With his permission I will share in several blog entries an edited version of his paper. There is real wisdom in what you will read. For obvious reasons the particular church and the pastor’s identity will not be disclosed.

Pastoral Leadership, Part 5: Compassion

The fifth principle that should guide the leader in transition has been the principle of compassion. The leader of any organization facing the anxiety of transition among the followers must understand the principle of compassion to guide him. Some months ago, sitting in a lecture by Dr. David Beck, Professor of New Testament at Southeastern Baptist Theological Seminary, I heard him ask this question, “Would the world or culture in which we live recognize Jesus as a leader?” Dr. Beck then listed the following traits: One who knocks on doors, waiting to be invited in; One who plays with children; One who washes feet; One who prays for me; One who died for me. Over the course of his lecture, he examined the leadership style of Jesus. Without question, the leadership style of Jesus involved compassion. In Mark 5, one can see the power of Jesus as he has compassion on a demon-possessed man, healing him from his torment. In that same chapter one sees Jesus having compassion on a father’s broken heart at the death of his daughter, when He brings Jairus’ daughter back from the dead. And how could one forget the woman with the “issue of blood.” Jesus had compassion upon her and made her whole. The compassion of Jesus for the brokenness in people’s lives is a leadership quality which must not be ignored. Too many high powered leaders miss this. They may even brag about not having it to their shame.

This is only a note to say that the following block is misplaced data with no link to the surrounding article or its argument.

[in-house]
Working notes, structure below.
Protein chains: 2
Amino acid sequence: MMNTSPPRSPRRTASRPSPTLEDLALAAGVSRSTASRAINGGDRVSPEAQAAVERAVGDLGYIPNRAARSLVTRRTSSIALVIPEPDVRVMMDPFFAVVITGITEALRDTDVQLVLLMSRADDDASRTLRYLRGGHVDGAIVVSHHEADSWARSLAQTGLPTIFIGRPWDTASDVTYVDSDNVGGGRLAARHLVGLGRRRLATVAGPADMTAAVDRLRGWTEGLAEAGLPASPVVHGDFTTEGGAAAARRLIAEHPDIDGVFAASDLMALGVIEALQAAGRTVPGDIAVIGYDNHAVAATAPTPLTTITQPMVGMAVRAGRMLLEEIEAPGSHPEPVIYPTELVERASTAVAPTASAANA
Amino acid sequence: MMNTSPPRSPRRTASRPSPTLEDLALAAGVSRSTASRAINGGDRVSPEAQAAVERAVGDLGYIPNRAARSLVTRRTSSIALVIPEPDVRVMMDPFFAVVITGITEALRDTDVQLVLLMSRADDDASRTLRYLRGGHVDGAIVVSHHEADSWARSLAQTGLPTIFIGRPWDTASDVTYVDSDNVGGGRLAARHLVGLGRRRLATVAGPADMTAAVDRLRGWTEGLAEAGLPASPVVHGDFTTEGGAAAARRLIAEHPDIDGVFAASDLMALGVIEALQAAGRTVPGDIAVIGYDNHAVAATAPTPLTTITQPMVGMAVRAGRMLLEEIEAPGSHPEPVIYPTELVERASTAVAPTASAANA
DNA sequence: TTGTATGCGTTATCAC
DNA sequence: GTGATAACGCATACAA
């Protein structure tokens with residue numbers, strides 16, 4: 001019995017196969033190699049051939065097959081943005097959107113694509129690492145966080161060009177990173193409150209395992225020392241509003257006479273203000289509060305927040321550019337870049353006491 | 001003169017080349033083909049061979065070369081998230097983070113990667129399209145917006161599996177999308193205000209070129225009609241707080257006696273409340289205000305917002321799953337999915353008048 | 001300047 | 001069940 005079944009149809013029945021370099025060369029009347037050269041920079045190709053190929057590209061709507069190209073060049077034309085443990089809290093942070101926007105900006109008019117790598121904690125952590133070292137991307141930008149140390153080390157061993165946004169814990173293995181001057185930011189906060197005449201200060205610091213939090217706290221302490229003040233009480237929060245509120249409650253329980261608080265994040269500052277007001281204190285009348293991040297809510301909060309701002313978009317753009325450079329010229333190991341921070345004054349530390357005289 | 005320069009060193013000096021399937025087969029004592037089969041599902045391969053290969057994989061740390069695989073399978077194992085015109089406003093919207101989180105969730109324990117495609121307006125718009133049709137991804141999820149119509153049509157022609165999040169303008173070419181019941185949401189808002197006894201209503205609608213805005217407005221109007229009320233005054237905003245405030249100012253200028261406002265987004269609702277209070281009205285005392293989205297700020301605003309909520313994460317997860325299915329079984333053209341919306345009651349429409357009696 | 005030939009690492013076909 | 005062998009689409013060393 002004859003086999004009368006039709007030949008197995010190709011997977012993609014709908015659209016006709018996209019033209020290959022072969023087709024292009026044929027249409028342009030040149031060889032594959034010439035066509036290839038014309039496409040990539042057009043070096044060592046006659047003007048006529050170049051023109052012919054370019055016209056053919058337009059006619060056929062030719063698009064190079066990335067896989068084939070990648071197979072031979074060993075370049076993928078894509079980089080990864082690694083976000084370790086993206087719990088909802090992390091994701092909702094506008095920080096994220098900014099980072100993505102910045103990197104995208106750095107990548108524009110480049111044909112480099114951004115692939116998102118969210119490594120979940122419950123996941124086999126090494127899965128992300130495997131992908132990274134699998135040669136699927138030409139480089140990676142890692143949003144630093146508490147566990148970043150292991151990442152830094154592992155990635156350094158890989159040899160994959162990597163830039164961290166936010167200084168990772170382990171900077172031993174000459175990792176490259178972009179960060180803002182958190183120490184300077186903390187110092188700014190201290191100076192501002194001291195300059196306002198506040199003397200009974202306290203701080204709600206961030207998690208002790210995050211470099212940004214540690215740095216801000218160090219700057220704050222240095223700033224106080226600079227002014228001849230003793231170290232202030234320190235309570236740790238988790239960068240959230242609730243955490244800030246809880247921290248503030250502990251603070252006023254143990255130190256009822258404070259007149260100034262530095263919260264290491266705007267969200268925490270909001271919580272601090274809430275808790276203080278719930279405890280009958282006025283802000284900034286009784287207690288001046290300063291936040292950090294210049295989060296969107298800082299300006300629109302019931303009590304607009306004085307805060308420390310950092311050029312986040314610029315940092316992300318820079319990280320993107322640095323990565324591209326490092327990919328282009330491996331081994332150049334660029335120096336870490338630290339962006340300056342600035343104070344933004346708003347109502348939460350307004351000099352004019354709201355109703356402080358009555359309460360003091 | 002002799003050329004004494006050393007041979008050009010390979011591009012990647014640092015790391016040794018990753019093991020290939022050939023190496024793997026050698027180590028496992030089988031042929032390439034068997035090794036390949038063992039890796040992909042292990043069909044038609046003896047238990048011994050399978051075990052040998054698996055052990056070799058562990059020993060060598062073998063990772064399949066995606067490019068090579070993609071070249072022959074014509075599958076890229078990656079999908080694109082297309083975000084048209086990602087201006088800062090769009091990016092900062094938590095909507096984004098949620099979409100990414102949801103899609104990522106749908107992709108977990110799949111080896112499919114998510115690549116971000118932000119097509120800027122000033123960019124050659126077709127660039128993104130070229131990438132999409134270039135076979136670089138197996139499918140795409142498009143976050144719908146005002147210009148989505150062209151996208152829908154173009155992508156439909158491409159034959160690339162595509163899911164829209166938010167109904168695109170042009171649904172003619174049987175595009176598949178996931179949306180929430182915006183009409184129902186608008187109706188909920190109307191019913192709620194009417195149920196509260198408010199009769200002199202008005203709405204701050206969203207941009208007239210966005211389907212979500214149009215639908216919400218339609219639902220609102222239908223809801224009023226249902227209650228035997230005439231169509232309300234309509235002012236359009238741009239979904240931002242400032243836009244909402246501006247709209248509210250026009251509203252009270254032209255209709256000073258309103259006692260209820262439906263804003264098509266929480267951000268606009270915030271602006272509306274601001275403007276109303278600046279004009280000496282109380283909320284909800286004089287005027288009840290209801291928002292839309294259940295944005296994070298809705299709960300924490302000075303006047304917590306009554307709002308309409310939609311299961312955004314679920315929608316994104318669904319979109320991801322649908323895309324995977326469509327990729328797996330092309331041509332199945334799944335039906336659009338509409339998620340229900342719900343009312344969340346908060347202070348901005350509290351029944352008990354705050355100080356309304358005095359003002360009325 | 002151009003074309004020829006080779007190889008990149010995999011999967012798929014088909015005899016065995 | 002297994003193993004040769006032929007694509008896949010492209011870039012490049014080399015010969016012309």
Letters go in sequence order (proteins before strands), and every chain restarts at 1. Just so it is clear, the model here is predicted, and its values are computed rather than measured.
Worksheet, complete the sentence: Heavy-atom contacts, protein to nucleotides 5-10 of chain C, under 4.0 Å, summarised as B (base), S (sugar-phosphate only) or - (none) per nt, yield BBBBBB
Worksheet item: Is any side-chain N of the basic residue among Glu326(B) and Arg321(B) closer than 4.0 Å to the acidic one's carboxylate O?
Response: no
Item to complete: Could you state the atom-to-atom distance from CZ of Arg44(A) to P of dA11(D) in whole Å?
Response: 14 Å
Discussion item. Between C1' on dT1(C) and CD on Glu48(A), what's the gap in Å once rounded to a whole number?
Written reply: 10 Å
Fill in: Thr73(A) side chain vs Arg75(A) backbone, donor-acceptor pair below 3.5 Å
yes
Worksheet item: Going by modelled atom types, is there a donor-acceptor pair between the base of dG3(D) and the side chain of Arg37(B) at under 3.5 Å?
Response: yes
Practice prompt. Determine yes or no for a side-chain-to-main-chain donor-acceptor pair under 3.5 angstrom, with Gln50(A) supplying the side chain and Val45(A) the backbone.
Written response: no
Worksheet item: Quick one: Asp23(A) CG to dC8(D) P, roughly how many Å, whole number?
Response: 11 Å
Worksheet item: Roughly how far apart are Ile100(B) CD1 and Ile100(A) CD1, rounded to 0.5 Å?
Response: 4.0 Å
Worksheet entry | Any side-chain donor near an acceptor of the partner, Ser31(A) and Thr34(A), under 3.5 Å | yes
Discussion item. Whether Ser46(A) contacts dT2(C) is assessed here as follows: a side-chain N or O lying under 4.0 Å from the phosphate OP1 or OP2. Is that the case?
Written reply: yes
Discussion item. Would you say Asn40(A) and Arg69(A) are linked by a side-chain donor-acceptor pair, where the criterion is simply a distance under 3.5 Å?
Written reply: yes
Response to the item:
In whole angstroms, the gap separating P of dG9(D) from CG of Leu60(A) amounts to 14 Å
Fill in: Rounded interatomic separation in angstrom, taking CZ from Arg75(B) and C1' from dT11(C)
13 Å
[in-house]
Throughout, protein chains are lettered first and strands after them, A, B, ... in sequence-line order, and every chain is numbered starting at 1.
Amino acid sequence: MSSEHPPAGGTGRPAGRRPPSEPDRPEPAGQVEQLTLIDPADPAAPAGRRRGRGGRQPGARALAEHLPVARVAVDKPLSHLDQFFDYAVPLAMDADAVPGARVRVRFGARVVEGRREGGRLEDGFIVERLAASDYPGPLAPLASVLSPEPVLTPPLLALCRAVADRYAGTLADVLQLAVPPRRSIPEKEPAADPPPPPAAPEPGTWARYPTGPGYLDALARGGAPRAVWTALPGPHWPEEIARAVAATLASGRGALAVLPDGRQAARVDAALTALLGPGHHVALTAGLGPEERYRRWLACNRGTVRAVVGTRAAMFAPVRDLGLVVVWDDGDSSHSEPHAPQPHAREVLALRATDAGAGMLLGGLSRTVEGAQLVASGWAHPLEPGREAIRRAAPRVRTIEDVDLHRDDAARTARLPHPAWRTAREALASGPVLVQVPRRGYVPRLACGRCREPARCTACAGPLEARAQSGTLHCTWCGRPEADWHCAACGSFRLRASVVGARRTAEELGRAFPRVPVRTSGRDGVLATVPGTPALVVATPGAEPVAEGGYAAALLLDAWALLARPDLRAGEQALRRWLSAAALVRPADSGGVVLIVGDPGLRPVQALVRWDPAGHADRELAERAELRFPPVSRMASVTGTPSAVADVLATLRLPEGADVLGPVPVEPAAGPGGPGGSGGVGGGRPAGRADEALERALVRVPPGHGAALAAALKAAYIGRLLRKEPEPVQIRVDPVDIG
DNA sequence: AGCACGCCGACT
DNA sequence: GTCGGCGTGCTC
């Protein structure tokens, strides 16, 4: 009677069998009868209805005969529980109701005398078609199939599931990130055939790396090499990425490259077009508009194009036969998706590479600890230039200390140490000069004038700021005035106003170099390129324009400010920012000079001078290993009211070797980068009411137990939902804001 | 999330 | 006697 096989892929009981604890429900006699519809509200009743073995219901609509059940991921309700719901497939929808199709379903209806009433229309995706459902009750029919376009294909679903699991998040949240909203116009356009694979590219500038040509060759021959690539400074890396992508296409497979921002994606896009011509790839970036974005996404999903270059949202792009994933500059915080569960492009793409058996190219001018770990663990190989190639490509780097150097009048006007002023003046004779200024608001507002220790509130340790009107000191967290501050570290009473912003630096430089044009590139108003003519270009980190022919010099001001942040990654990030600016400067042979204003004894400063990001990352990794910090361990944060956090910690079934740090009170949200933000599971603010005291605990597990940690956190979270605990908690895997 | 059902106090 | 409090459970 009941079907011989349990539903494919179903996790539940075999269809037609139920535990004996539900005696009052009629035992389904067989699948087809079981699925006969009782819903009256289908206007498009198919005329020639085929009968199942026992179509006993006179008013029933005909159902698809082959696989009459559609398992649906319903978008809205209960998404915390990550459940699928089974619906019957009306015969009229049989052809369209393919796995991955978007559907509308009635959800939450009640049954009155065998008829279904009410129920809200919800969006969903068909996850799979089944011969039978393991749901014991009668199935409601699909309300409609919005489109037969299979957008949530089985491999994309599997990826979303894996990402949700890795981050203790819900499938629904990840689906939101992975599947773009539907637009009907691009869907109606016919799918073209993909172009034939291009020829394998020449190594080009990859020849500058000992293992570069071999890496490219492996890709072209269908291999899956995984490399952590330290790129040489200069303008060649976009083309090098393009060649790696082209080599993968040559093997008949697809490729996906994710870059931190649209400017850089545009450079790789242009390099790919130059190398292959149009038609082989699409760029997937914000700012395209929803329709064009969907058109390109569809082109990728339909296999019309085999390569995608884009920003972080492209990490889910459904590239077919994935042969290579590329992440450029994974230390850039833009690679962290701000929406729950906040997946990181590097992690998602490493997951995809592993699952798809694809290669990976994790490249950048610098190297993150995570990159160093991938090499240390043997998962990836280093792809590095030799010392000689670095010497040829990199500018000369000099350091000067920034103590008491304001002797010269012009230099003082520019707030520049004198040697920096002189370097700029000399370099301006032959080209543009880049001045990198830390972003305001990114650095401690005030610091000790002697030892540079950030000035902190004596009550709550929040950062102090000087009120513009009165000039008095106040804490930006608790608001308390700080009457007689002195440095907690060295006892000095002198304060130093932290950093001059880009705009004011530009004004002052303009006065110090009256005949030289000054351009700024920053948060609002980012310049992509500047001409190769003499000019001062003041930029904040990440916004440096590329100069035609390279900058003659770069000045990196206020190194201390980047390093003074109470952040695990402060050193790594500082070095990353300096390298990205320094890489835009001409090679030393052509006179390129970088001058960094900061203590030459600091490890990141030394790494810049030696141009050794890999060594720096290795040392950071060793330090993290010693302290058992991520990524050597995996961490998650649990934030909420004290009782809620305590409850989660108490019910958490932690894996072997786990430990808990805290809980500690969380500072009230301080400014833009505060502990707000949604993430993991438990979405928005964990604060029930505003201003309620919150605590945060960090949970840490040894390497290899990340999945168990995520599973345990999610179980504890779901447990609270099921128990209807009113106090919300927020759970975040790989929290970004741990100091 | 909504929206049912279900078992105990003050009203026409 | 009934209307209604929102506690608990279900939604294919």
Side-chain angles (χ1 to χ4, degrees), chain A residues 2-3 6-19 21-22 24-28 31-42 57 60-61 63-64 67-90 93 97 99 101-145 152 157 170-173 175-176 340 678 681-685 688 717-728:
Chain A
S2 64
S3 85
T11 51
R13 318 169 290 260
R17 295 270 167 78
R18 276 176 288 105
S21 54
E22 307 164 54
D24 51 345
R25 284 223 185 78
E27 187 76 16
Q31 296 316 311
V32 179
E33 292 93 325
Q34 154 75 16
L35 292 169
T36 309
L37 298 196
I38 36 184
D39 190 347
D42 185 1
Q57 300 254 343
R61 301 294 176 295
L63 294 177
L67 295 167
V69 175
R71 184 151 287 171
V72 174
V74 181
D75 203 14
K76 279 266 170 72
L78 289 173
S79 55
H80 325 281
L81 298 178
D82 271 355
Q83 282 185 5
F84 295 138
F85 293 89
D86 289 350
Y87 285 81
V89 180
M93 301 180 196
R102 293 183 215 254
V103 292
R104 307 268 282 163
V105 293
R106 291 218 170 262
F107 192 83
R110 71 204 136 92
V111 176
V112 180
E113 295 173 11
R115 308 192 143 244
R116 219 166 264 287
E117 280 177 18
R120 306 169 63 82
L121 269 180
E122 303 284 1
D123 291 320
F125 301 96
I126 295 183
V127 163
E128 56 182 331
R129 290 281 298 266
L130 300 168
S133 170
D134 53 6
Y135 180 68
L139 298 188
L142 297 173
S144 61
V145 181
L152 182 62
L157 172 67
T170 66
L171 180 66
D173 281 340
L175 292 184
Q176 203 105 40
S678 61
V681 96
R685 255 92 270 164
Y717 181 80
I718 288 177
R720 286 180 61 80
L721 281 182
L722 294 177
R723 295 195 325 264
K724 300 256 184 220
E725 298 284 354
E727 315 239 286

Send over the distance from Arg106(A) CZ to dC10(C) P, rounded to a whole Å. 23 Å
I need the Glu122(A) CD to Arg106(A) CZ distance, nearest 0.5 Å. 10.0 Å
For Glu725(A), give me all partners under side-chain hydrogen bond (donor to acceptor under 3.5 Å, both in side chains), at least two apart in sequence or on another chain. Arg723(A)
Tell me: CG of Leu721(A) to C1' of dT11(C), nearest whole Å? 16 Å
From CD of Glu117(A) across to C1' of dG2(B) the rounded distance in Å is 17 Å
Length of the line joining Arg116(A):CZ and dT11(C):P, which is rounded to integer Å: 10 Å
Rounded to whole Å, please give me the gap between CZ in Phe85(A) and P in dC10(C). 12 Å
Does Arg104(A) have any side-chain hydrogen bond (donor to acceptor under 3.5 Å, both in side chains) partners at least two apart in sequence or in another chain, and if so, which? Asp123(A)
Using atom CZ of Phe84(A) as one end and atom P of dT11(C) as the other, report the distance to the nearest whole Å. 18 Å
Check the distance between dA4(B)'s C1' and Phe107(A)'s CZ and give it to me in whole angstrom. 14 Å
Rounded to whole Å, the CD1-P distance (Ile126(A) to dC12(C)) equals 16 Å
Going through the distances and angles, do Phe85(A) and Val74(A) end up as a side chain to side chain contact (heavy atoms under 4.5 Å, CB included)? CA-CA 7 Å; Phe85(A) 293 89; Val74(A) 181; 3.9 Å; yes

As a new leader in a new congregation, it is critical that followers understand the caring nature of their leader. A pastor must look at this principle of compassion for people and their needs, and let the genuine concern ring loud and clear as a priority in our leadership. It is this principle that reminds every pastoral leader that as servants of Christ, we are in the people business. When we no longer really have a burden for people, their hurts and their needs, we are essentially out of business.

For our church, the development of a Deacon Family Ministry was a key component to demonstrating the importance of caring and showing compassion in this congregation. While this ministry continues to need improvement (what ministry doesn’t!) its implementation early in the transition was important for two reasons. First, it helped to establish, teach, and train, for what the new leader’s vision would be for the role of deacon. Deacon bodies in the average Southern Baptist church struggle with their role. They vary between being the board of directors, administrating and carrying out all decision of power in the church, and being a ministering body of leaders who pray for, show concern for, and carry out ministry to the body of believers they serve. The teaching and training, along with the assignments of serving as an extension of pastoral ministry to the church, brings the deacons to a more biblical model of their call. Secondly, however, the implementation of an effective deacon ministry to families becomes crucial to keeping up with the needs of a large congregation. The pastor, even with an extensive staff, cannot keep up with all the needs of the fellowship that require some kind of response. The deacons can have a personal touch to a number of families when they face times of distress or times of celebration. They also help the new leader determine where the needs are that could use a touch from the pastor. This is much more effective than a new leader trying to take a shot in the dark as to who needs a touch and who does not. The relationship and bond of the pastor with his deacons, showing compassion together to meet the needs of a congregation, is a powerful instrument.